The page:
“The leader in you will come out when others need you the most”
I have read a great deal about situational leadership. Specifically, how the people you would least expect—including themselves—take control when situations require it. I experienced it firsthand two weeks ago when my wife, Celest, and I were on a flight from Salt Lake City to Atlanta. About three hours into the flight, the entertainment screens went black and the oxygen masks dropped from the ceiling. Then pilot said, “We have lost air pressure. Everyone put on your masks. Adults first, then put them on your kids.” I have been flying for over 40 years and have never experienced anything like that! I have been on flights that experienced a lot of turbulence and ones that have had to abort a landing. To gauge the seriousness of the situation, I’ve learned to watch the flight attendants. When I saw the extreme look of concern on their faces as they immediately went to their seats and put on their oxygen masks, I knew it was a very serious situation. My first thought was Celest because she has a tremendous fear of flying.
Talk about situational leadership! To my surprise, Celest was very calm while I was having trouble putting on my oxygen mask. Given the altitude we were at, you will pass out if you don’t put on the mask very quickly. Celest helped me put on my mask and then looked around to see if others needed assistance. I was amazed by how her switch flipped—she went from being a fearful flyer to helping those around her. The reason I was having trouble putting on my mask was I always, always, go to sleep for 10 to 15 minutes after I take my seat. I can’t recall hearing or seeing the flight attendant’s instructions about how to put on oxygen masks. (Note: There are two masks on top of each other. Mine had gotten tangled.) Celest untangled them for me. Once we got to a lower altitude, the pilot had us take off the masks. We flew at that low altitude for over 40 minutes until we landed in Atlanta.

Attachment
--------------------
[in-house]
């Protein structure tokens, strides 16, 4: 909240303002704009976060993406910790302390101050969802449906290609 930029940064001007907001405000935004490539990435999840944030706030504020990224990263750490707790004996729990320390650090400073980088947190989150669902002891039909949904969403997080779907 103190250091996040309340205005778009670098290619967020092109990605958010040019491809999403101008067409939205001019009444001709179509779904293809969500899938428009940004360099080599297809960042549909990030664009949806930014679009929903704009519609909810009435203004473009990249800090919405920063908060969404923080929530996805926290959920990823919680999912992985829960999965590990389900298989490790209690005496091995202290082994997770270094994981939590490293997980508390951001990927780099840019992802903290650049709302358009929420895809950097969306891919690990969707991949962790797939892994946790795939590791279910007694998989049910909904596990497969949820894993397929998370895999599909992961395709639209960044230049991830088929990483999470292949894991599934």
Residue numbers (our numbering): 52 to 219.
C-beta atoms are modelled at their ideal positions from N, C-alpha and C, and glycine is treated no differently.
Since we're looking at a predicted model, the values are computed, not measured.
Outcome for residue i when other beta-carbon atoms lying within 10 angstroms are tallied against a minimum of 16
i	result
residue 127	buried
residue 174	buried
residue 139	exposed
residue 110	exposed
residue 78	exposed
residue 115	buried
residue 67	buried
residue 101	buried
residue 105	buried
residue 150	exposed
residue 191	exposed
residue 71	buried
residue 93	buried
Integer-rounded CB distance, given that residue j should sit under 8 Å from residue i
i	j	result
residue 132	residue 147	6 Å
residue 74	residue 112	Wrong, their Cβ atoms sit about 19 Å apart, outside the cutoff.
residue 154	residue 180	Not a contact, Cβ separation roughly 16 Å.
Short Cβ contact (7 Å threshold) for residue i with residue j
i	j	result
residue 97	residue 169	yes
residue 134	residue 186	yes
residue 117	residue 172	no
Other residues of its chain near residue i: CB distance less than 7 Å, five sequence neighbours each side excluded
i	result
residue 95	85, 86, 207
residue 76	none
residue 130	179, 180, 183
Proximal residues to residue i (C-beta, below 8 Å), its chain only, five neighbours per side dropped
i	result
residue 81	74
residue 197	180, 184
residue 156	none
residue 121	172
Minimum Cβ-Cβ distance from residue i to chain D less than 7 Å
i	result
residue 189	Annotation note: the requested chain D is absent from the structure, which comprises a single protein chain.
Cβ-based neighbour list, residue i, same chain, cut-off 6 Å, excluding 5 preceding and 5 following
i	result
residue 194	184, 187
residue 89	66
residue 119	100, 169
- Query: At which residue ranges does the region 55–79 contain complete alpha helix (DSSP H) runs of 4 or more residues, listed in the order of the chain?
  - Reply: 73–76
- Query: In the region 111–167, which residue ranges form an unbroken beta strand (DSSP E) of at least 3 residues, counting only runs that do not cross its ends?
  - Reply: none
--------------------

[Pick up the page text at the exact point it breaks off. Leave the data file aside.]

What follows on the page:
Celest and I reflected on what caused her to overcome her fears and become a leader in that situation. She did because she is a retired neo-natal, intensive care nurse. Celest is one of those rare individuals who knew from the time she was born what she wanted to do with her life. Her natural instinct to take care of those in need took over during that flight. We were also surprised how easily I followed her lead. Reason being, I am the one who has been flying for over 40 years with no fear at all. I also tend to take charge in times of crisis.
Upon further reflection, I thought about the leadership lesson I took away from that experience. It was this: We all have fears; however, we also all have a compassion we were born with. That compassion will overcome our fears each and every time. Think about the people in history who were the least expected but took on leadership positions when the situation required it. For example, Rosa Parks went from being a librarian to the spark that triggered the Civil Rights Movement. I now fully understand why and how she rose to the moment.
In closing, don’t worry about your fears. Your instincts will cause you to lead when the situation calls for it. Indeed, you were born to lead. The situation will come that you will lead for the benefit of others. Equally as important, those who are used to leading will take a step back and follow your leadership.